• 502. QUANTITATIVE ECOLOGY. (3, 0, 3). Quantitative methods for analysis in Ecological studies including ecological models, model selection, maximum likelihood estimation, and mark-recapture analysis.

  • 503. ECOLOGICAL MODELS AND DATA. (3, 0, 3). Presents advanced statistical techniques that are a framework for comparing alternative mechanistic ecological models to empirical data. The combination of statics and models provides a quantitative basis for inferring the processes at work in an ecological system.

  • 504. ADVANCED MICROSCOPY. (1-3). Tutorial research methods in contemporary microscopy. Restr: Permission of instructor required.

  • 575. STATISTICAL ECOLOGY. (4, 0, 4). Design, analysis, and presentation of results of ecological experiments and field studies, with emphasis on hypothesis testing and statistical modeling.

  • 580. MARINE ECOLOGY. (3, 0, 3). Discussions of basic principles of marine ecology, including productivity, dynamics of populations, factors affecting distribution, and interactions between organisms.

  • 590. ANALYTICAL TECHNIQUES. (3-6). Training in the use of advanced research instrumentation including chromatography, fluorometry, image analysis and data interpretation. Restr: Permission of instructor required.

  • 604. ADVANCED TOPICS IN CELL AND MOLECULAR BIOLOGY. (3, 0, 3).

  • 605. ADVANCED TOPICS IN ENVIRONMENTAL BIOLOGY. (3, 0, 3).

  • 615. BIOCHEMICAL ADAPTATION TO THE ENVIRONMENT. (3, 0, 3). Modification of basic biochemical structure and function that enable organisms to exist in extreme environments; enzymatic and metabolic adaptation to hypoxia, salinity, temperature, pressure, humidity and light.

Evolutionary Biology

  • 403(G). FUNDAMENTALS OF VIROLOGY. (3, 0, 3). Structure, assay, classification, biochemistry and molecular biology of viruses.

  • 405(G). MAMMALOGY. (3, 2, 4). Emphasis on structure, classification, distribution, life history, evolution, and identification of mammals of the world. Participation in extended field trips is required. Restr: Permission of instructor required.

  • 413(G). HERPETOLOGY. (3, 4, 4). Biology of amphibians and reptiles, including studies of diversity, evolution, behavior, ecology, physiology, and conservation. Laboratory focuses on diversity, systematics, biogeography, and conservation. Required field trips.

  • 414(G). ORNITHOLOGY. (3, 3, 4). Avian evolution, ecology, physiology, and behavior. Laboratories include required field trips and focus on identification, life history, and conservations of birds. Restr: Permission of instructor required.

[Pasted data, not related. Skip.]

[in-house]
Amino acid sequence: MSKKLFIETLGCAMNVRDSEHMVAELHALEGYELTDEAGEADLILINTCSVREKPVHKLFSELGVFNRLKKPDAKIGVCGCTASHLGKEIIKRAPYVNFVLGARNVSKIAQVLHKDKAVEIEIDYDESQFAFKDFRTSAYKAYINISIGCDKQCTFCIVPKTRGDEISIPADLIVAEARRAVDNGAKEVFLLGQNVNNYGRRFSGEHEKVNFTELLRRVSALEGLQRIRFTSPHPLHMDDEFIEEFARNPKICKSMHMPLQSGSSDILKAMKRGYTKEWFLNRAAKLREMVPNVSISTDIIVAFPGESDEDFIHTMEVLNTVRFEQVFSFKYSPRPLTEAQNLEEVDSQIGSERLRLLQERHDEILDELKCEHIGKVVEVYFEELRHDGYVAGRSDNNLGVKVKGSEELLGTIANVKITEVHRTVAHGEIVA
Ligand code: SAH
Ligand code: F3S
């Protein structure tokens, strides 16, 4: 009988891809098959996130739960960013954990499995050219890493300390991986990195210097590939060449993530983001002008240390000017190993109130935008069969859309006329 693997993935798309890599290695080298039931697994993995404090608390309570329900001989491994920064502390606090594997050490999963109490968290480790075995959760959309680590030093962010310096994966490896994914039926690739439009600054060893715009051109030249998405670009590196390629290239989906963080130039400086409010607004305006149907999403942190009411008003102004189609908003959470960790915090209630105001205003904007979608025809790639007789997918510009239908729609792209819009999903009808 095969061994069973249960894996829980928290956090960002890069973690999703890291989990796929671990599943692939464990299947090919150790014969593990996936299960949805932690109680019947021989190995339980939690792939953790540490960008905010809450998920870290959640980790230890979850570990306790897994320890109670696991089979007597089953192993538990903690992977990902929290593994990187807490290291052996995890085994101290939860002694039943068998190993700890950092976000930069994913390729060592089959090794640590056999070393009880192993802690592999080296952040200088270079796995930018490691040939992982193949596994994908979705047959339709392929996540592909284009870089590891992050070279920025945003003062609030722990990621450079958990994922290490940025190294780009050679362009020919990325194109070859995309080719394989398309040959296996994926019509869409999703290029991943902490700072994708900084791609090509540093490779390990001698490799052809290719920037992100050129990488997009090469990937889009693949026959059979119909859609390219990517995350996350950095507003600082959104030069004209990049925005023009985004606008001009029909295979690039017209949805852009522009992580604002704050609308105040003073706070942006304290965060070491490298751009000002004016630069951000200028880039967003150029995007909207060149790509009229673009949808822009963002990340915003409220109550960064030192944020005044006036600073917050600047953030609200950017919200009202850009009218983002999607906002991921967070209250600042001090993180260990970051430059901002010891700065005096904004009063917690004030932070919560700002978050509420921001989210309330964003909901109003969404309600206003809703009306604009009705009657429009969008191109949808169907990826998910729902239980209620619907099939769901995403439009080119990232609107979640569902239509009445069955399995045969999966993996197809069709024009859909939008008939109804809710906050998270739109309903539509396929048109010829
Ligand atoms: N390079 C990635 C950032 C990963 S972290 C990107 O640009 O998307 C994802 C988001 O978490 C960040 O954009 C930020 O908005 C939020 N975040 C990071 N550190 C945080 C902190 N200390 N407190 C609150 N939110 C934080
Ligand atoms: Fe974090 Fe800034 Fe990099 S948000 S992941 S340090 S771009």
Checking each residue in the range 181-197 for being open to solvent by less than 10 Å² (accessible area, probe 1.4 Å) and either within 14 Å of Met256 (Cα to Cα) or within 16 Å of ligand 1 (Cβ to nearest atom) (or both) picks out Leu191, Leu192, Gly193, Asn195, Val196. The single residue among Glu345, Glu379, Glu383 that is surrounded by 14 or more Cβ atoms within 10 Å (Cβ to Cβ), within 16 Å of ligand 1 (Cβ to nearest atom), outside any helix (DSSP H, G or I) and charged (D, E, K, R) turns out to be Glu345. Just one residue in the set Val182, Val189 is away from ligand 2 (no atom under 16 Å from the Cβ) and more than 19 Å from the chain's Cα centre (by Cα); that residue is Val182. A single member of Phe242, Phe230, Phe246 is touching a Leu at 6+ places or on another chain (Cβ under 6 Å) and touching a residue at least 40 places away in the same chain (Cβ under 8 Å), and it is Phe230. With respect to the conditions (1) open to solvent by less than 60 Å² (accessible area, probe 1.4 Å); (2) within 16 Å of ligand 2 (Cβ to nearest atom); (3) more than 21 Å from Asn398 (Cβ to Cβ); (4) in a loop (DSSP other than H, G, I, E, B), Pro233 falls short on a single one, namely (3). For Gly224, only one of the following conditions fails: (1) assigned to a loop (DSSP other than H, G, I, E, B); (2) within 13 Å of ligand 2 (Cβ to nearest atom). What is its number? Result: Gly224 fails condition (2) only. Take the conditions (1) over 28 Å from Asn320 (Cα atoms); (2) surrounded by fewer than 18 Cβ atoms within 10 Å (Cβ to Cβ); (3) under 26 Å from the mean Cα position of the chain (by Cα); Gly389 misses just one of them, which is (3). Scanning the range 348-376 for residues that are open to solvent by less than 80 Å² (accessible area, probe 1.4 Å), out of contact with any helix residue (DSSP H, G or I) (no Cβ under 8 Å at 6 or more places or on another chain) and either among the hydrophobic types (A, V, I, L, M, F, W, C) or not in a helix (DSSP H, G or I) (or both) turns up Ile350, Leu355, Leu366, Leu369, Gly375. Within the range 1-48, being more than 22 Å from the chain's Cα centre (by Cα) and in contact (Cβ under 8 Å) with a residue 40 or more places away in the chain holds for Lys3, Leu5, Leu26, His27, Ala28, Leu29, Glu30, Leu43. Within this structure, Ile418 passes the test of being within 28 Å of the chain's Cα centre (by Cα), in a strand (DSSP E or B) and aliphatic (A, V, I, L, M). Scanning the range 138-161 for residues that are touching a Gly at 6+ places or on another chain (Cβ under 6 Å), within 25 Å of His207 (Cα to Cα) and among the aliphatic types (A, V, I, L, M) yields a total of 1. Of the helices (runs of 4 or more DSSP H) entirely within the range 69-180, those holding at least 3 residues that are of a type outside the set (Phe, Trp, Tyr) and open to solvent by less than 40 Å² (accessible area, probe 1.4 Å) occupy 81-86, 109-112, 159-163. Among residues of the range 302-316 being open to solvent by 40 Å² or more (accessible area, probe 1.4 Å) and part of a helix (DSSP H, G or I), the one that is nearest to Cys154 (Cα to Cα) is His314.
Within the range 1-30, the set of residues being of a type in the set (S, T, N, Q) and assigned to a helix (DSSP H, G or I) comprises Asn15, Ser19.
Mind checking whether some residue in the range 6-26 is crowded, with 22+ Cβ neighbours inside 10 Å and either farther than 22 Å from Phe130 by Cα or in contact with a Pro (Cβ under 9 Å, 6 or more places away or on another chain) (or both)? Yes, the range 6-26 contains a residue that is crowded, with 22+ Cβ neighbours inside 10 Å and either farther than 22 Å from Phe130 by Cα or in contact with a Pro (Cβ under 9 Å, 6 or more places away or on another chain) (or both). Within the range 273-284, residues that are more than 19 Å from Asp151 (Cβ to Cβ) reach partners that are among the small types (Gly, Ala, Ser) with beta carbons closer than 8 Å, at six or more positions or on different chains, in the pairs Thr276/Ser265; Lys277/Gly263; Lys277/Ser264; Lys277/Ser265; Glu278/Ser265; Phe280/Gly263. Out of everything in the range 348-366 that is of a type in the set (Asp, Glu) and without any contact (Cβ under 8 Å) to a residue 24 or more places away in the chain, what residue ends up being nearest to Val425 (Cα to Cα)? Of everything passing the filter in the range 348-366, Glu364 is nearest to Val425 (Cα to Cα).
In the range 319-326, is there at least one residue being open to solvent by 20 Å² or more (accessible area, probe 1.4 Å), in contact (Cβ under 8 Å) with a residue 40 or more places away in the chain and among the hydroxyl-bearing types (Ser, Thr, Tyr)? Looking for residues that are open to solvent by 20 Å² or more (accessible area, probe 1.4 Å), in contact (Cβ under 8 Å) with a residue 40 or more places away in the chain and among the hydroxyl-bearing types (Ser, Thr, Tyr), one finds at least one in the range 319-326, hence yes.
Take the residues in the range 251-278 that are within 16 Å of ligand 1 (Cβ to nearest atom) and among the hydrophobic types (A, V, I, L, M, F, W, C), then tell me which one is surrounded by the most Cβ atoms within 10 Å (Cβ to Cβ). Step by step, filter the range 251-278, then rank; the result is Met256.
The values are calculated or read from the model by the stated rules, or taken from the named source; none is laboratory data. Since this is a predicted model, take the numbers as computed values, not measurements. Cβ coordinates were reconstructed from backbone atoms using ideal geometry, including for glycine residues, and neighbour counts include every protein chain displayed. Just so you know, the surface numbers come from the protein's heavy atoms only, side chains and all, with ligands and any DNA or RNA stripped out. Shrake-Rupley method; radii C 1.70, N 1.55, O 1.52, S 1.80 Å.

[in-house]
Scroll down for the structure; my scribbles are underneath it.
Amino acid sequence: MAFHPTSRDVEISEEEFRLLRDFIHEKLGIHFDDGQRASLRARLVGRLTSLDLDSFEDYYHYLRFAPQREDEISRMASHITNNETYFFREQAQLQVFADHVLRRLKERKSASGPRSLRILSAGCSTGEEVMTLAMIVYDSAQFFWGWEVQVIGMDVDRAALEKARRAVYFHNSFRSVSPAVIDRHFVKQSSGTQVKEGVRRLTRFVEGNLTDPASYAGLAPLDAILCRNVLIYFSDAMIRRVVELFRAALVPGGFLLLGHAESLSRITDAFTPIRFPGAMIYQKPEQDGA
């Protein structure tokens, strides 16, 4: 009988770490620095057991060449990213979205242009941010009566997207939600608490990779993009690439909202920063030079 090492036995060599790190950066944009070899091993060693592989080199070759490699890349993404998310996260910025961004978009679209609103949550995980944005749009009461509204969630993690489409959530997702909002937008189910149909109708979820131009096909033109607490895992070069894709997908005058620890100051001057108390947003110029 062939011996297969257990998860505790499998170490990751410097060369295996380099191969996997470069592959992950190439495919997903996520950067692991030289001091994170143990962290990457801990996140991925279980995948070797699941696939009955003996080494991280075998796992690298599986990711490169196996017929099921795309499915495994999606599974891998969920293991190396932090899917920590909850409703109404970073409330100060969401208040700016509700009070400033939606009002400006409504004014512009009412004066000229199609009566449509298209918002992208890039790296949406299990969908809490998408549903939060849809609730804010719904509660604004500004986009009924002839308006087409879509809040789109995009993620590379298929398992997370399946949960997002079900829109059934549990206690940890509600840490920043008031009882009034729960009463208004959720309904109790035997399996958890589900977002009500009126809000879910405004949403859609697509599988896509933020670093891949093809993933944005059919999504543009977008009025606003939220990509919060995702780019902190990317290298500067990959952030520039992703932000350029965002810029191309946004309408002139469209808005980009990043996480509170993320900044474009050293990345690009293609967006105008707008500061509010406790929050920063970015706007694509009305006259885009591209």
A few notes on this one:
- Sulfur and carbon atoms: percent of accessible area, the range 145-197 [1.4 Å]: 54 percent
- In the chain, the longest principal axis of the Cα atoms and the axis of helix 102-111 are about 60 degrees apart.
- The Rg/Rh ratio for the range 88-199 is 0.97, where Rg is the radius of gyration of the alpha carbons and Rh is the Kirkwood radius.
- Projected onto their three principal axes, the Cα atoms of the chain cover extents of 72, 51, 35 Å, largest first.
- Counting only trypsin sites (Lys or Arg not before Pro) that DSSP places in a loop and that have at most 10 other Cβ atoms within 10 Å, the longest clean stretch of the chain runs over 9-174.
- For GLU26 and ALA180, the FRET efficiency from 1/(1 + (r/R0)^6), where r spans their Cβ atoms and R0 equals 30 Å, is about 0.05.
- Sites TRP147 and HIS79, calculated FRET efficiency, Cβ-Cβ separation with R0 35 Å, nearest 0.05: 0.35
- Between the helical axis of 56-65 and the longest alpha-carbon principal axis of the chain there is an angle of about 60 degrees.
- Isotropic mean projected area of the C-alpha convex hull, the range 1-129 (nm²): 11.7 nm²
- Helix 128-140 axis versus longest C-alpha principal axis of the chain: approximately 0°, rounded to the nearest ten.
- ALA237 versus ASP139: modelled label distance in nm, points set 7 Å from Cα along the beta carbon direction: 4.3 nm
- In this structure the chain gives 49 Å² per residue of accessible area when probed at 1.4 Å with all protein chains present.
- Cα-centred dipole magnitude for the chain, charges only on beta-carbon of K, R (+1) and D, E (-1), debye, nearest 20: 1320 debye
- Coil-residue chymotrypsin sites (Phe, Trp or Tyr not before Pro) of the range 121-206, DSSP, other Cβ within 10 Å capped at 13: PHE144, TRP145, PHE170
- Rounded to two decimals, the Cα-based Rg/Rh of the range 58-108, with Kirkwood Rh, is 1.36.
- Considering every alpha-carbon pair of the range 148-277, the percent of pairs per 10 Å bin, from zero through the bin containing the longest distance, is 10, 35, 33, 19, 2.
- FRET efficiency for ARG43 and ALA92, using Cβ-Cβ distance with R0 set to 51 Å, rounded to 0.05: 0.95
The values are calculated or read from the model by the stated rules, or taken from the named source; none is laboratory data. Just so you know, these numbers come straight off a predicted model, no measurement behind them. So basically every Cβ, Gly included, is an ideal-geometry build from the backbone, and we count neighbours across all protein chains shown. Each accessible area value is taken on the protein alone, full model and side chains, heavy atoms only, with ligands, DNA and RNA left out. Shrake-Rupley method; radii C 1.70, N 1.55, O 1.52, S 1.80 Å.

• 423(G).  NEUROBIOLOGY. (3, 0, 3). Nervous system structure, development, cell types, and function. This course will review the cellular physiology of sensory systems, Neural and glial physiology, major circuits, response to environment, evolutionary relationships, neurobiology of behavior and nervous system disorders.

  • 424(G).  NEUROBIOLOGY LABORATORY. (0, 3, 1). Lab component to Neurobiology.

  • 425(G). DEVELOPMENTAL BIOLOGY. (3, 0, 3). Basic embryology, molecular aspects of development, and some model developmental processes including the controls of differentiation, regeneration and pattern formation.

  • 426(G). DEVELOPMENTAL BIOLOGY LABORATORY. (0, 3, 1). Observation and experimentation using embryos of sea urchin, frog and chick. Histological preparations. Coreq: BIOL 425(G).

  • 433(G). PLANT SYSTEMATICS AND BIODIVERSITY. (3, 2, 4). Origin, evaluation, and relationship of flowering plants.

  • 434(G). HISTOLOGY. (2, 4, 4). Study of vertebrate tissues.

  • 436(G). COMPARATIVE VERTEBRATE MORPHOLOGY. (3, 3, 4). Evolution of vertebrate organ systems and morphology in terms of ontogenetic origins, structure, function, and adaptation. Laboratory dissection of vertebrates.

  • 445(G). ICHTHYOLOGY. (2, 4, 4). Classification, zoogeography, and evolution. Includes ecological factors affecting fish community structure, adaptations of specialized fish fauna, including those of deep sea, epipelagic, polar, and coral reef habitats. Required field trips.

  • 453(G). MOLECULAR AND CELLULAR ENGINEERING. (3, 3, 4). Fundamental concepts of genetic engineering as they are currently being applied to the development of superior strains of microbes, plants, and animals for use in industry and biomedicine. Coreq: BIOL 454(G).

  • 454(G). MOLECULAR AND CELLULAR ENGINEERING LABORATORY. (0, 6, 2). Coreq: BIOL 453(G).

  • 455(G). MOLECULAR BIOLOGY. (3, 0, 3). Structure, function and evolution of biological systems at the molecular level with emphasis on gene structure and regulation..